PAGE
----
By the mid-20th century very few areas of the globe remained to be explored, and so the exploits of men such as Thesiger can be seen as much as journeys of personal achievement as of discovery.
Sir Wilfred Patrick Thesiger 1910 – 2003
Thesiger was born 3rd June 1910 at the British Embassy in Addis Ababa. Whilst his early childhood was in Africa, like most children of diplomats Thesiger was sent back to England for his formal education. He was educated at Eton College and later Oxford University where he became captain of the Oxford boxing team in 1933 (goodreads).
After returning to Africa Thesiger, was based in Darfur and the Upper Nile whilst serving with the Sudan Political Service during 1935. Following this, after serving in numerous campaigns with the Sudan Defence Force, Thesiger took up a life of travel so that he could experience freedom from the constraints of normal life.
The Challenge of the Empty Quarter
First in Ethiopia and later in the Sudan, he explored little-known pockets of tribal territories. Between 1945 and 1949 he made two remarkable crossings of the “Empty Quarter”, the desert barrens of Arabia, an area of burning sands which even the Bedouin were reluctant to enter. His travels were a severe test of human character and endurance, of his own discipline and dedication. Thesiger needed the courage to ignore those men who described his plans as impossible. Once he had started on his trek, he had to summon up the self-discipline to continue on his march even though the desert sand scorched his feet so badly that deep cracks opened up in the skin, making every step very painful.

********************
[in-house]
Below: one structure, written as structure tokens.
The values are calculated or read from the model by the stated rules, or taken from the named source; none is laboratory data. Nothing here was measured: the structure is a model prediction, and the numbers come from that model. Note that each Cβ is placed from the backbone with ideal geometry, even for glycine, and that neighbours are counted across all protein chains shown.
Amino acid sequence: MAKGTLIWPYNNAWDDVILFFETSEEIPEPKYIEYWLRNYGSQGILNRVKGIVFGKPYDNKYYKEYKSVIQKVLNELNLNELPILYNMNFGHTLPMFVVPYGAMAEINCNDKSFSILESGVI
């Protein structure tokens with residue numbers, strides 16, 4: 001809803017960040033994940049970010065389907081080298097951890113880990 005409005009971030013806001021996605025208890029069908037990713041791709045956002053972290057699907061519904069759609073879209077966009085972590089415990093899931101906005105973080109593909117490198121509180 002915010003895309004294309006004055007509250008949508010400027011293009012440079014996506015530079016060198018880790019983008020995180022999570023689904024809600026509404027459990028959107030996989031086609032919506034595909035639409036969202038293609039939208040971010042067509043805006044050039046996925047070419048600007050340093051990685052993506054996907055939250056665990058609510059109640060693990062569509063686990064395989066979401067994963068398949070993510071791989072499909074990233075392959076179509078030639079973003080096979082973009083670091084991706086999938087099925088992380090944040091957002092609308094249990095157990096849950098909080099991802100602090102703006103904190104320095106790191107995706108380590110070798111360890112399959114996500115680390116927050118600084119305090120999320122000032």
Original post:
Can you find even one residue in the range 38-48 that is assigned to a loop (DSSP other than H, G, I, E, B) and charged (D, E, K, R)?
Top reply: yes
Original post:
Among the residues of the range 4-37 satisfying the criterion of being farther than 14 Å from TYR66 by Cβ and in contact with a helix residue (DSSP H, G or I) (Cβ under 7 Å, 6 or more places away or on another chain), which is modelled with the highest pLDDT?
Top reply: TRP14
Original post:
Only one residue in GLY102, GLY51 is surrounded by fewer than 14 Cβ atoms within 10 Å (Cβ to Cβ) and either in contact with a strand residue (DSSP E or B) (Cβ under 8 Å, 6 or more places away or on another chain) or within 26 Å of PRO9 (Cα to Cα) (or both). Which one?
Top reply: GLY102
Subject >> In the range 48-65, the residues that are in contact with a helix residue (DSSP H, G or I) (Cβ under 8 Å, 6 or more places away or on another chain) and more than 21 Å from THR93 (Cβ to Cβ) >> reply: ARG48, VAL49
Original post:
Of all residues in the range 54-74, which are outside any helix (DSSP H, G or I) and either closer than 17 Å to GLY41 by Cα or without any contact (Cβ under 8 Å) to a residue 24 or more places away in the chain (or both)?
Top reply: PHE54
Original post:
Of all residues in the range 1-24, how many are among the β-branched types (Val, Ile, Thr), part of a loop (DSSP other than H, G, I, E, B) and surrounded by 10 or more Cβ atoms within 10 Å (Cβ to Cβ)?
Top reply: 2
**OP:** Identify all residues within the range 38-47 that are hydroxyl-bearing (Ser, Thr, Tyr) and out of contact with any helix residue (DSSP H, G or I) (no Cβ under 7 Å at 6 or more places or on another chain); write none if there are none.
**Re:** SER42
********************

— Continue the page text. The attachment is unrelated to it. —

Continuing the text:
The Travel Books of Thesiger
His travels also took him to Iraq, Kurdistan, French West Africa and Kenya. Thesiger is perhaps best known for two spectacular travel books, “Arabian Sands (1959) recounts his travels in the Empty Quarter of Arabia and describes the vanishing way of life of the Bedouins. The Marsh Arabs (1964) is an account of the Madan, the indigenous people of the marshlands of southern Iraq” (goodreads), where Thesiger lived for some time. These books are illustrated with some of Thesiger’s own photographs of the tribes that he encountered, the way of life and living conditions in the desert, and the spectacular mountain scenery of Asia.
Sir Wilfred Thesiger was a great hero of Ethiopia’s struggle against Fascist occupation and an admirer of Ethiopian culture (Imperial Ethiopia). He returned to England in the 1990s and was knighted in 1995.